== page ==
The consequences of such a takeover would be dire for oil-importing states. The royals could destroy part of the production infrastructure on their way out. Would the foreigners who operate the fields even stay after a regime change? Whatever the case, even a takeover attempt could knock Saudi Arabia out of the oil business, an event that would trigger worldwide upheavals.
Perhaps a coalition of the willing would move in to secure the oil fields if the situation appeared dicey, but would that leave the royal family in charge?
This is so important that we really should let the UN handle it...
I consider the Bush administration's policies as isolationist. IMO they completely denied the need to have a consensus of nations when considering whether to invade Iraq. they thought, indeed knew, that they could do it alone and did not need anyone else. Unfortunately, they did not consider all possible outcomes and plan.
Isolationism does not work, whomever is its advocate. It is the tone, though I may be inferring a tone that is not implied, of doing something with a nation that irks me. If there cannot be some collaboration, some body of agreement beyond our own power to implement a solution, i.e. do something "with" Saudi Arabia, then I think we are wrong.
I think that words are important. With is a word that, as I attempted and failed obviously to point out, can have differing interpretations. To me, if there is something to be done "with" Saudi Arabia, then it cannot be the US alone that does it. I don't think that is isolationist.
posted by: JimP on 11.10.03 at 12:06 PM [permalink]
“IMO they completely denied the need to have a consensus of nations when considering whether to invade Iraq. they thought, indeed knew, that they could do it alone and did not need anyone else. “
No, the reality is that the Old Europeans are selfish, parasitical, and primarily interested in gaining more vacation time. They are too self indulgent and lazy to worry about improving matters in the Mid East. The French in particular are not worthy of our respect. Heck, these morally bankrupt people even let their grandparents die in non air-conditioned hospital rooms while they enjoyed themselves on the seashore. America would have waited until hell freezes over before these clowns would have become our partners.
Also, where in heaven’s name did you get that peculiar interpretation of isolationism? It is definitely not the conventional view! Isolationism is normally interpreted as the reluctance to involve ourselves in the affairs of other nations. Folks like me, however, believe that to be naive and unworkable. The planet is too small to pretend that other peoples’ troubles may not, fairly or unfairly, eventually become our own.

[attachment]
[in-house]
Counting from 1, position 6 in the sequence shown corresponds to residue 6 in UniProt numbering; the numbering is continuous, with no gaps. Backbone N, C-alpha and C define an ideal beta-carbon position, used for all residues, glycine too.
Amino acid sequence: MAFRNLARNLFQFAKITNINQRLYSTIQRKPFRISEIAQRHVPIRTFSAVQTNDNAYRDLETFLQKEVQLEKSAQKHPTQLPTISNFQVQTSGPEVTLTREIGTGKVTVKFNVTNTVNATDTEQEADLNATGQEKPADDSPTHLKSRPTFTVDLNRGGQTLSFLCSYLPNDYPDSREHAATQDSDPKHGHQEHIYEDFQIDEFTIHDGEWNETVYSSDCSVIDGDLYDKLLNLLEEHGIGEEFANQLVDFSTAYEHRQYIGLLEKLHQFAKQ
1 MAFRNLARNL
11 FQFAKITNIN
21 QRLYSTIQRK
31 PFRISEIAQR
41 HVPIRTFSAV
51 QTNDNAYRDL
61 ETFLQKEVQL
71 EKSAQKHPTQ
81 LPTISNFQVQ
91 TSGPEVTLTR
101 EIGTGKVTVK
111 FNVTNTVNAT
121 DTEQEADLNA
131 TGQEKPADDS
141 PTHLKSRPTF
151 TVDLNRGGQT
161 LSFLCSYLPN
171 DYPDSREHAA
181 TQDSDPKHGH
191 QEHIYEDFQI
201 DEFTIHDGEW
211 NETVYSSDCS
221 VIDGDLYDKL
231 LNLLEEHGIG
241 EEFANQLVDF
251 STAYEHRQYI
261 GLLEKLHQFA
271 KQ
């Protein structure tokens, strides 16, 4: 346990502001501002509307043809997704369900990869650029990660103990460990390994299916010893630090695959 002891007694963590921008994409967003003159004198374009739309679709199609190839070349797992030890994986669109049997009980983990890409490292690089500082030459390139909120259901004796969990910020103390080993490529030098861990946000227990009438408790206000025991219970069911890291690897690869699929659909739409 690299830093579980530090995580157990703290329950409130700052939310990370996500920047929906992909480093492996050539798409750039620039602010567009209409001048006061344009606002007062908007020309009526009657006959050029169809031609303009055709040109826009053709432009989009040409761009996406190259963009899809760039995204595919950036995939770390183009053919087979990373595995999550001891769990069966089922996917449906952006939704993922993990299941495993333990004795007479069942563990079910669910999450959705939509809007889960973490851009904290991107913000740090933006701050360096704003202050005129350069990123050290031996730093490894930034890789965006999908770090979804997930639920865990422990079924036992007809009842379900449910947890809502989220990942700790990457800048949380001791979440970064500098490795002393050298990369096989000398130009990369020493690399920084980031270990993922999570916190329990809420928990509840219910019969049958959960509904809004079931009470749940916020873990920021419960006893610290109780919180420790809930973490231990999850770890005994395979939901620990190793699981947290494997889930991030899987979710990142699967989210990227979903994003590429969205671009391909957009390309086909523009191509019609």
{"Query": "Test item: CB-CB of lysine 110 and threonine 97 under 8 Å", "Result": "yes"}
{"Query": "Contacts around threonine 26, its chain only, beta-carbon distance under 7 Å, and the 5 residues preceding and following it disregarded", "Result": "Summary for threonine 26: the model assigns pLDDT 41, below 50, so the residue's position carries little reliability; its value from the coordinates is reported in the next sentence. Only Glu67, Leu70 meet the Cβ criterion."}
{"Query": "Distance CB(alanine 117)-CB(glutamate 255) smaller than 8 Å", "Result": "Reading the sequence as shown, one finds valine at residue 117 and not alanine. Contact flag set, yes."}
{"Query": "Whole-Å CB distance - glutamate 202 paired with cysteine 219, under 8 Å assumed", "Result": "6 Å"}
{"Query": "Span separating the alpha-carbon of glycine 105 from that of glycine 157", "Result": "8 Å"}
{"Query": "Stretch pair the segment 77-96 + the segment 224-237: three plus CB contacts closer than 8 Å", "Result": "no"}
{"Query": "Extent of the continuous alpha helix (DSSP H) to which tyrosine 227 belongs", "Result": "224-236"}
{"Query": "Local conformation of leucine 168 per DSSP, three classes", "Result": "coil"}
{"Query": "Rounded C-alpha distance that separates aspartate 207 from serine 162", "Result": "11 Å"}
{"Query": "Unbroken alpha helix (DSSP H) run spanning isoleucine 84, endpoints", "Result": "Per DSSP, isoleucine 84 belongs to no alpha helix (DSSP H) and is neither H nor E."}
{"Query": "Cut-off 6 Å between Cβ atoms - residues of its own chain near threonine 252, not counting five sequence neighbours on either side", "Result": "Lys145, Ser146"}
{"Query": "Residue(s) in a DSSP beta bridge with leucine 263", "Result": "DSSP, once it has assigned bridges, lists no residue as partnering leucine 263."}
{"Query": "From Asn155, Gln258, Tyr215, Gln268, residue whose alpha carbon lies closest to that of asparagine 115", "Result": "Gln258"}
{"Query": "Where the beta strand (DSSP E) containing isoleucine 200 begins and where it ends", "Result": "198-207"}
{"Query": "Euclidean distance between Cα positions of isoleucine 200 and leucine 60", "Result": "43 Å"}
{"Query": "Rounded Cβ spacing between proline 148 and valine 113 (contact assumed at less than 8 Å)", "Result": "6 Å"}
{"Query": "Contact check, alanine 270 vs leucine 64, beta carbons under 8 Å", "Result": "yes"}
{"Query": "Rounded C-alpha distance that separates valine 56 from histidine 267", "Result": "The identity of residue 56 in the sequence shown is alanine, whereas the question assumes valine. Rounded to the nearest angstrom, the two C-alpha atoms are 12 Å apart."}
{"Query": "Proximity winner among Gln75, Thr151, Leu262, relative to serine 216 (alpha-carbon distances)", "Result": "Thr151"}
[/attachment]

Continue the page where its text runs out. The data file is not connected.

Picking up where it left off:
“Unfortunately, they (the Bush administration) did not consider all possible outcomes and plan.”
The United States has accomplished great things in Iraq at very little cost. You can only do so much planning before it renders one impotent and fearful of risk. It’s often better to jump into the cold water and start swimming.
What has to be done is clear, it simply cannot be done either by ham-handed dictating to foreign populaces or by liberal human-rights marches. Saudi Arabia's future lies along one of two lines, each of which has a historical precent. In one future, they stifle reform until the whole thing blows like the French Revolution or the downfall of the Czars. On the other hand, they can modernize and become a Constitutional Monarchy like Britain or the other modern royalist European models or even Japan. Britain's royals may be tabloid fodder and they may be discussed as being axed from time to time, but they are still there and they are still bloody filthy rich and have status beyond mere mortals.
However it is not enough to shout it to the hills. The U.S.A. has to put together a massive education and reform movement in which we firmly tell our Saudi Royal friends that they will enroll their entire next generation in. As the new generation returns and comes into power, they will produce the reform needed internally and without any ham-handed Western micro-managing.
And they will do it if we pose the choice to them in stark enough terms.
Otherwise Saudi Arabia is gonna get squeezed between their demographic trends and world oil economy factors, and next thing ya know we'll have viva la Liberte and Bastille day only with Osama Bin Ladin leading the parade.posted by: Oldman on 11.10.03 at 12:06 PM [permalink]
"No, the reality is that the Old Europeans are selfish, parasitical, and primarily interested in gaining more vacation time. They are too self indulgent and lazy"
How is it that you can vacillate so quickly from intelligent commentary to childish nattering? Do you think representing such cartoonish and inane caricatures of entire civilizations makes people more or less inclined to believe in your policy recommendations?
Now as a late swing back to topicality, I think the long term way to manage Saudi Arabia is to push aggressively for non-fossil fuels. Without oil wealth, Saudi Arabia is nothing but a desert and terrorists based there have no cash. Short-term, we should find and aggressively promote moderate Imams to give Islam a visible alternative to Wahhabism. Along with promoting cultural exchange and microeconomic interdependency and all those other circle-expanding activities that get results, but militant imperialists sneer at as being too soft.posted by: sidereal on 11.10.03 at 12:06 PM [permalink]